Apache Week
   
   Issue 314, 8th November 2002:  

Copyright 1996-2005
Red Hat, Inc.

In this issue


Under development

There was discussion this week on the development list about allowing encoded slash characters in URIs. Traditionally, Apache has rejected any requests which include a URI-encoded slash character, %2F, since otherwise these may be passed through to CGI scripts (via the PATH_INFO environment variable) in their un-escaped form. This is done to prevent possible security vulnerabilities in CGI scripts which don't perform sanity checking on input variables. Ken Coar is working on a patch to add a configuration directive which conditionally enables processing of requests to URIs which include encoded slash characters.

In other news; an improved download page has been deployed which allows users to easily choose and download the Apache source releases from a particular mirror site. After considerable debate and voting, the proposals to begin branching the Apache 2.0 tree for separate "stable" and "development" series look set to be implemented soon.


In the news

ApacheCon in a couple of weeks

It's only a couple of weeks until ApacheCon. ApacheCon is being held in Las Vegas, USA from the 19th-21th November 2002, with an optional day of tutorials available on November 18th. The last ApacheCon was over 18 months ago, and the conference program is full of new and interesting talks.

Apache Week will be on hand as always to report on the event, and for the all-you-can-eat hotel buffets. Find out more at the conference web site, or read our account of ApacheCon 2001 Santa Clara.

Apache use in the military

GovExec.com report on the Red Hat sponsored open source security summit in the story Defense, cybersecurity officials praise 'open source' software. During a presentation at the summit, Marcus Sachs, a director of the White House cyber-security office talked briefly about the Apache web server.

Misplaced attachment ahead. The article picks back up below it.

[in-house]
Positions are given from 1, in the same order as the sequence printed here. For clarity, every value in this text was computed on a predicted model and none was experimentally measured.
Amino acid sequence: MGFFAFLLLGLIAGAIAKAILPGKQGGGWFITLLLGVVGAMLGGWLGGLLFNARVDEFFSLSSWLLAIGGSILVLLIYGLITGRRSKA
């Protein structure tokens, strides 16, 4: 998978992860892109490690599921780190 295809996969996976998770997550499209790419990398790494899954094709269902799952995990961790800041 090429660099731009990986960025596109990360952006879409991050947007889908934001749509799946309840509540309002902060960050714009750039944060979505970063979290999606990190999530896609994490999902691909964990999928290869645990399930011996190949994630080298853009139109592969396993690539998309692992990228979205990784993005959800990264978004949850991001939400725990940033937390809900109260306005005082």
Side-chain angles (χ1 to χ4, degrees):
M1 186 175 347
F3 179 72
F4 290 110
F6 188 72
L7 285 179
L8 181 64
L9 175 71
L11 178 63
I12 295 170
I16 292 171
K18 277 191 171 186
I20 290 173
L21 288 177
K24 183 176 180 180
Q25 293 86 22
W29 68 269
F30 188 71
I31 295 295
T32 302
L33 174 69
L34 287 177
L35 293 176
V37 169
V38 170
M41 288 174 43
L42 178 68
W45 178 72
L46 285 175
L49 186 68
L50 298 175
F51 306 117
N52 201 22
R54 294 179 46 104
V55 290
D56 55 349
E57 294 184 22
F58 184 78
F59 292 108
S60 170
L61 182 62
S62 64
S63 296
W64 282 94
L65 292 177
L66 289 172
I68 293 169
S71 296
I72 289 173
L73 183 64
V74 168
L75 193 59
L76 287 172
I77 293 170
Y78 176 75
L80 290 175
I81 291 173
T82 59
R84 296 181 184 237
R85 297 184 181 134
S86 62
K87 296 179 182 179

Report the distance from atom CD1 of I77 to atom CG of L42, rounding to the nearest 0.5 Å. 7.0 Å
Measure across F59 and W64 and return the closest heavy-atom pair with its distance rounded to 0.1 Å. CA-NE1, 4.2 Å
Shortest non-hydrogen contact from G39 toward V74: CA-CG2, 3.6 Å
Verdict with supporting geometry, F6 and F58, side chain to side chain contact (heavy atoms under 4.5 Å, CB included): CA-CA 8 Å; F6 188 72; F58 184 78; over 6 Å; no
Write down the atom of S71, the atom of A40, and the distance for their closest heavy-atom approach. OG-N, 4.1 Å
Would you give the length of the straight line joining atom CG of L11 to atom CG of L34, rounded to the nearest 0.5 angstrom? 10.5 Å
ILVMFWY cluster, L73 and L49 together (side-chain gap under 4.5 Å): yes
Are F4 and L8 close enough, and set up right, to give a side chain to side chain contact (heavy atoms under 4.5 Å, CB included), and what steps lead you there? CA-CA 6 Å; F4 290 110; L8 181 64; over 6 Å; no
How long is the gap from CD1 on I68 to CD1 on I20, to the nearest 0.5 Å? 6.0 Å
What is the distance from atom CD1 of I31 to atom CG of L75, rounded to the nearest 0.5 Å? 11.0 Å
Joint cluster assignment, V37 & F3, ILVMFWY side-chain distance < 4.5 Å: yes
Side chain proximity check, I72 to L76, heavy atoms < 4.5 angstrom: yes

"...nearly one-third of all government Web sites use Apache, the leading open-source server software. The number of military Web sites using it is 22 percent, second to Microsoft's server software, but military use of Apache is growing rapidly"


Featured articles

In this section we highlight some of the articles on the web that are of interest to Apache users.

"Apache 2: Improvements Are Obvious, But Upgrade Choices Aren't" revisits the benefits of using Apache 2.0 over Apache 1.3 and unravels the mystery of the slow adoption rate of Apache 2.0. If you are having difficulty deciding whether to upgrade or not, this article may bring you a little closer to your decision.

O'Reilly Mac DevCenter shows you how to build your very own Apache web server with mod_perl on Mac OS X. It lists the reasons for replacing the default Apache that comes with Mac OS X with a self-built version and then provides a step-by-step guide on configuring, compiling, installing, and testing mod_perl and Apache.

"mod_rewrite: A Beginner's Guide to URL Rewriting" uses a few simple but practical examples to explain the basics of using mod_rewrite. It demonstrates how to enable mod_rewrite in your Apache web server, and set the RewriteRule, RewriteCond, and RewriteMap directives to accomplish tasks such as ensuring that your URLs are user-friendly, and disallowing links to your images from external websites.

In the August 2002 issue of Linux Magazine, the article entitled "Long Processes Through CGI" offers a solution for running long tasks without users getting bored or Apache dropping the connection. It walks you through a sample Perl script which forks a process to execute the long task and redirects the client to a new URL which points to the results of the task. If the results are incomplete, a meta-refresh tag is added as a header to ask the client to poll the same URL after a predefined number of seconds.


Apache Week Frequency

Apache Week is a weekly publication, but over the last few months we've missed out the occasional issue. We've done this when there is little or no news as feedback from readers has shown that this is preferable to us sending out a tiny issue with no content. With ApacheCon and many staff holidays we expect to miss out a few more issues in the coming months. However should there be important announcements, security notifications, or new releases, we will be sure to cover them.


This issue brought to you by: Mark J Cox, Joe Orton, Min Min Tsan
Comments or criticisms? Please email us at editors@apacheweek.com